Isolated tumor cells in breast cancer sentinel lymph nodes: displacement or metastases? An immunohistochemical study

ArticleinHuman pathology 40(6):778-82 · March 2009with24 Reads
Impact Factor: 2.77 · DOI: 10.1016/j.humpath.2008.10.021 · Source: PubMed

    Abstract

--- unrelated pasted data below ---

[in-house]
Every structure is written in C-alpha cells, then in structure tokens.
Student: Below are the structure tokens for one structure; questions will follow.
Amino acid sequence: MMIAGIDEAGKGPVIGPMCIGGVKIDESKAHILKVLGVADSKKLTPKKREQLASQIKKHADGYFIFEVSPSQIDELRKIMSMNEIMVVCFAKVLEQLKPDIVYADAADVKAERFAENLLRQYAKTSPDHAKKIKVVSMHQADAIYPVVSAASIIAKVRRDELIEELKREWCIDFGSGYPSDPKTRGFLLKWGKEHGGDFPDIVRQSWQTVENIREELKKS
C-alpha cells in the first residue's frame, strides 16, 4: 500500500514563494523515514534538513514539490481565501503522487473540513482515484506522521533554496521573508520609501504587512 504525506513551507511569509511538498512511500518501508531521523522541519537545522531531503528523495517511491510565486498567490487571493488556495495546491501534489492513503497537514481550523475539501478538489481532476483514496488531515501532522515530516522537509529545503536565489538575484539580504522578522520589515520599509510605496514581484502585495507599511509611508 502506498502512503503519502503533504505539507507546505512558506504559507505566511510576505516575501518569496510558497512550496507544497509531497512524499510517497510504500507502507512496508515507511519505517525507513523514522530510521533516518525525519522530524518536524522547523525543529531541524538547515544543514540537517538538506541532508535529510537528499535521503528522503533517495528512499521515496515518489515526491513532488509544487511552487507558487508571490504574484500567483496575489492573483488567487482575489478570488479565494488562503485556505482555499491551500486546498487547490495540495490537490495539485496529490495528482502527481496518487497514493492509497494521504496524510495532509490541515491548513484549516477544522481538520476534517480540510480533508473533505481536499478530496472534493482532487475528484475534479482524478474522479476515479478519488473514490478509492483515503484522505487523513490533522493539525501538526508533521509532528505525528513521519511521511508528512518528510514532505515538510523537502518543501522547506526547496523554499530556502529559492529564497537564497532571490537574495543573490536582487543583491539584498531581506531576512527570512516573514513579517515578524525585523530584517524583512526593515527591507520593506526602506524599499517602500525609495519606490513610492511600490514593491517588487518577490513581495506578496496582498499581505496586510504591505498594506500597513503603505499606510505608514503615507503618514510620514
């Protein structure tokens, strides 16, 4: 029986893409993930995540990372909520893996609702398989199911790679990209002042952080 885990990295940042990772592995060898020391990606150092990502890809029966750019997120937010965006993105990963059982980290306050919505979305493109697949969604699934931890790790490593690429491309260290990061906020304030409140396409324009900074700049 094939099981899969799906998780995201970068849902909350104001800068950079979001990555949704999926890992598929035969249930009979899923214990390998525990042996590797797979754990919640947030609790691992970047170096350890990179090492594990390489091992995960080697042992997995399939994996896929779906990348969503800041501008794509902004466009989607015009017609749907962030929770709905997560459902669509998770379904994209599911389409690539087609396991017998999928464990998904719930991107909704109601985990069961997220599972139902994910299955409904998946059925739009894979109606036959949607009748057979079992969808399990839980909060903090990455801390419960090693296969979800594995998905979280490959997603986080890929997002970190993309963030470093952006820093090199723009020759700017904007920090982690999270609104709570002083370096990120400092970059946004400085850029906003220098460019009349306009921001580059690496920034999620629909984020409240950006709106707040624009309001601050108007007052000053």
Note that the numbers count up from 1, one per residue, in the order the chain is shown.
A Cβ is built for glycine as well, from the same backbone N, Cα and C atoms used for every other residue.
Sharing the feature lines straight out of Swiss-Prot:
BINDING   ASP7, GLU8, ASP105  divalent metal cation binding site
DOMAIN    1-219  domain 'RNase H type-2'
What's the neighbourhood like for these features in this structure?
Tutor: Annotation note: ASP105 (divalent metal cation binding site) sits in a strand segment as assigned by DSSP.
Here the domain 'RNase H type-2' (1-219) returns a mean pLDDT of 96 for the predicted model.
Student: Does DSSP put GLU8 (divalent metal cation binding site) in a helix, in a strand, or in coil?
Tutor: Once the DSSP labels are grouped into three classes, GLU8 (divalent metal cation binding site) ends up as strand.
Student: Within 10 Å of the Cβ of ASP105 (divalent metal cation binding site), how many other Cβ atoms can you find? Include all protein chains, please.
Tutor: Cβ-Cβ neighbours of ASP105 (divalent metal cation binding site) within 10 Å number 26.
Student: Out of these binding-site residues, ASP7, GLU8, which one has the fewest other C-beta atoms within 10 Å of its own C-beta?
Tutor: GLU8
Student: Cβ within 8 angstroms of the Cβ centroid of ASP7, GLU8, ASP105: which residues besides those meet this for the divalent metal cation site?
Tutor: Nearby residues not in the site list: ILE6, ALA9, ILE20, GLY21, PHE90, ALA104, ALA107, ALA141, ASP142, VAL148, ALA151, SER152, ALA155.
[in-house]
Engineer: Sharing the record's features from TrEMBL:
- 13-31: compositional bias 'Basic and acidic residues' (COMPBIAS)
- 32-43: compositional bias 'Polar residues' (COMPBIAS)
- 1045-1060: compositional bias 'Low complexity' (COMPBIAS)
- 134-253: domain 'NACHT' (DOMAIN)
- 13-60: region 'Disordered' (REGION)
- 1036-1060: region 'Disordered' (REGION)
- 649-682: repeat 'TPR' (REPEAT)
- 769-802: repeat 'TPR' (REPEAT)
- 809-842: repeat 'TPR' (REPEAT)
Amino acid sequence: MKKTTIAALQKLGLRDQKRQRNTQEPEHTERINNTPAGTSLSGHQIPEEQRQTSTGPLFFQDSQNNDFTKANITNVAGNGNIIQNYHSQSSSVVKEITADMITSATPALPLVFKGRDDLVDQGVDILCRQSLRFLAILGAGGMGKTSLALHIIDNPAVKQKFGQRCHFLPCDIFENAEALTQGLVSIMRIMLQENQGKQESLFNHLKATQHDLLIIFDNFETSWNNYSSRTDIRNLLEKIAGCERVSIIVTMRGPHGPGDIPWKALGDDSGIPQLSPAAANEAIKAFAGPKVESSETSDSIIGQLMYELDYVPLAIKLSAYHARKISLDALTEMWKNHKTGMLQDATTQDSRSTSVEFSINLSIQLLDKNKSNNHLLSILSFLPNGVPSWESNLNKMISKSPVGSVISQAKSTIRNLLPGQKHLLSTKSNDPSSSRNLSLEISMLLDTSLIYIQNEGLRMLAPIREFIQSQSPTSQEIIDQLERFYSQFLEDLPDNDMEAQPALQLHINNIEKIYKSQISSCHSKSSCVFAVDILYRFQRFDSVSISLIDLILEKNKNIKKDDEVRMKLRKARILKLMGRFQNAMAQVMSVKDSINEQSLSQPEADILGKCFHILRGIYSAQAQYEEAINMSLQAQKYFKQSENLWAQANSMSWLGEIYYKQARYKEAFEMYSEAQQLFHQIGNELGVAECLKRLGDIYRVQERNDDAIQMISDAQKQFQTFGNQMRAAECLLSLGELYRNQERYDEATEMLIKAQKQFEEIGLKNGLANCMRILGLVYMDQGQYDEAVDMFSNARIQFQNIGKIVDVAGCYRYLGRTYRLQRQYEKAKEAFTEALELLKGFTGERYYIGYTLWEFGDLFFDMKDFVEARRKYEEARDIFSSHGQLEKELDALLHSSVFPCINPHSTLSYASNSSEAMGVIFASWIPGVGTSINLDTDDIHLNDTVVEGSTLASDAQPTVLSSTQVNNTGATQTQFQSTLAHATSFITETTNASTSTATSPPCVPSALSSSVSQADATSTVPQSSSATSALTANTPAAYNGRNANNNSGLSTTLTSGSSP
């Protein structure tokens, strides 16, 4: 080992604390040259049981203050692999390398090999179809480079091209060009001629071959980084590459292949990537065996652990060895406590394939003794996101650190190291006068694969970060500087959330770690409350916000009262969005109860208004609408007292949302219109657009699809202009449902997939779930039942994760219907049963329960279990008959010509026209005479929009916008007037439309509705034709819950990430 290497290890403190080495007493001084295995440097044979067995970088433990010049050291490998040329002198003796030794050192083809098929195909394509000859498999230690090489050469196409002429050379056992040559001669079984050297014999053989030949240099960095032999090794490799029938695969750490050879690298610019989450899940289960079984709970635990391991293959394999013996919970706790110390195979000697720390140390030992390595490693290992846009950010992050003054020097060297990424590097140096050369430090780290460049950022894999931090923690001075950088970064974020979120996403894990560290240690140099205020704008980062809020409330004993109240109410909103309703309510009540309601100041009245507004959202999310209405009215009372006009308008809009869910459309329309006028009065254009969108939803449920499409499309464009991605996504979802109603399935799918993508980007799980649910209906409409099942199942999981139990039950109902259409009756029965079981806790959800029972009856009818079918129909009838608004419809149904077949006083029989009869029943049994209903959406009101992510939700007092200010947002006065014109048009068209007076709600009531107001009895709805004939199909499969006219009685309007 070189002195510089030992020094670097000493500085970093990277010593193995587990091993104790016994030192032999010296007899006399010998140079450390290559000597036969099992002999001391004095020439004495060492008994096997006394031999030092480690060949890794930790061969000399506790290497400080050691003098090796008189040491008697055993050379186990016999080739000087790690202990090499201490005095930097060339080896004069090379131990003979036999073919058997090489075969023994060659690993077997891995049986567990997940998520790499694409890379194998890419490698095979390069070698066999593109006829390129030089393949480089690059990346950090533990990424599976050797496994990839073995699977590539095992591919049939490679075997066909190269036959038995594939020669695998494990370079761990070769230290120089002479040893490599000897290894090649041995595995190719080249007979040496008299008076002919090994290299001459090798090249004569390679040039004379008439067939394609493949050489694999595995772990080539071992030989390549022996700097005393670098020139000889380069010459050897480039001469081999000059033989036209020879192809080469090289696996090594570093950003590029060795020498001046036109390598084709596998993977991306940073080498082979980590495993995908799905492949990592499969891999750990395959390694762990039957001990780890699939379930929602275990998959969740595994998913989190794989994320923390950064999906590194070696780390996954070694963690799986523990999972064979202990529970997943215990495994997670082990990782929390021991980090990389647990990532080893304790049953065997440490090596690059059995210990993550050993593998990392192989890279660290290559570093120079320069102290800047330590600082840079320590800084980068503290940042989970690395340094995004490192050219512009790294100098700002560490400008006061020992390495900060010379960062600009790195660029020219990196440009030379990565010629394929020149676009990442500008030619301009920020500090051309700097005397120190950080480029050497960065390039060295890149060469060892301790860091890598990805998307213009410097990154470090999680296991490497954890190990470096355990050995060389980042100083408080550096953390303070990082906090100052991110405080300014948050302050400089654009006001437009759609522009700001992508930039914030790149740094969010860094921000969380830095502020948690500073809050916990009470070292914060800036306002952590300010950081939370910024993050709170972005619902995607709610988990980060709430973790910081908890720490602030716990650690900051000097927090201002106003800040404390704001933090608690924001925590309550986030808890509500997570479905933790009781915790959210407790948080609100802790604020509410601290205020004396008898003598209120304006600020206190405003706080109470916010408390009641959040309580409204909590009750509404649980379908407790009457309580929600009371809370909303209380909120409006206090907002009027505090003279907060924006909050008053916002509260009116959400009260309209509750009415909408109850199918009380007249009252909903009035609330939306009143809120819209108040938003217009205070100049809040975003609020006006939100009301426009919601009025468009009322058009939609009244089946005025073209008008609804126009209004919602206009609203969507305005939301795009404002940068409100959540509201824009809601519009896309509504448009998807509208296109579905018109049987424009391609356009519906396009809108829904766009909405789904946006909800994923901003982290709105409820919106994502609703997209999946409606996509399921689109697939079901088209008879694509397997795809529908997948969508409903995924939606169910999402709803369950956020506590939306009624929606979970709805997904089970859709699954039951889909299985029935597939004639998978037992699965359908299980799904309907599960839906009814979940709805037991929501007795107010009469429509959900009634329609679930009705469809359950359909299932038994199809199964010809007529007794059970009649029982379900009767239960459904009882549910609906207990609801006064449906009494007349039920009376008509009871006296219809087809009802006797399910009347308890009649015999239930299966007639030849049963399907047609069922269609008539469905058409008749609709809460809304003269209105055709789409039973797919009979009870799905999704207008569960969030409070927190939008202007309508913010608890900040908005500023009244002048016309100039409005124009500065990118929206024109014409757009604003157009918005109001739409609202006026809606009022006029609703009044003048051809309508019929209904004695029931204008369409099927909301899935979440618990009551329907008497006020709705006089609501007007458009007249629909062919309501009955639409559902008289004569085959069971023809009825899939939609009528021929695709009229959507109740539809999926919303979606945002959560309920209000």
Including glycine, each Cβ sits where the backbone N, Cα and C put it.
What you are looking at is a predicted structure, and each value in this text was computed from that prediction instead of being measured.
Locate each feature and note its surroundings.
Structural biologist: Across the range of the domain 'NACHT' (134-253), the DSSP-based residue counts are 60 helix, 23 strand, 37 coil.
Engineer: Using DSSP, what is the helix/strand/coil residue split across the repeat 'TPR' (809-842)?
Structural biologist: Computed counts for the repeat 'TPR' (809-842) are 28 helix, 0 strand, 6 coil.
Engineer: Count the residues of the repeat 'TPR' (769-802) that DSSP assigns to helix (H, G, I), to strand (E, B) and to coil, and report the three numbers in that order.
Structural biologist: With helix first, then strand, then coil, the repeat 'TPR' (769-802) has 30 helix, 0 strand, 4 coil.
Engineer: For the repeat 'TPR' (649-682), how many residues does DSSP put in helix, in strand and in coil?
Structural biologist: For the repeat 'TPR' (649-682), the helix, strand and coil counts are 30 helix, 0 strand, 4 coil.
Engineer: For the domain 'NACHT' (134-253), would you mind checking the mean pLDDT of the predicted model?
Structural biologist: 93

The tumorigenic origin and progression capacity of isolated tumor cells in breast cancer sentinel lymph nodes are uncertain. True lymph node metastases are often associated with aberrant protein expression by means of immunohistochemistry. Therefore, evaluation of isolated tumor cells by immunohistochemistry for proteins often overexpressed in breast cancer such as cyclin D1 and p53 could provide relevant information with regard to the malignant potential of these cells. Of 383 consecutive patients with primary invasive breast cancer and sentinel lymph node involvement, 40 had isolated tumor cells in the sentinel lymph nodes, from which 16 sentinel lymph nodes contained isolated tumor cells (n = 16) in newly cut sections that could successfully be immunostained for cyclin D1 and p53. Immunohistochemistry was performed on the primary tumor as well as on the isolated tumor cells in the sentinel lymph nodes. Similarly stained sections of patients with sentinel lymph nodes micro- (n = 15) and macrometastases (n = 15) served as controls. Sentinel lymph node isolated tumor cells as a group showed significantly lower expression of cyclin D1 and p53 compared with micro- and macrometastases. Comparing cyclin D1 expression of the primary tumor with the corresponding sentinel lymph node metastases showed an increased expression in micro- and macrometastases (P = .08 and P = .0025, respectively) compared with the corresponding primary tumor. In patients with sentinel lymph node isolated tumor cells, however, there was no substantial difference in cyclin D1 expression between the primary tumor and the corresponding isolated tumor cells. This supports the hypothesis that some of these cells may be displaced benign cells or concern tumor cells with limited malignant potential compared with micro- and macrometastases.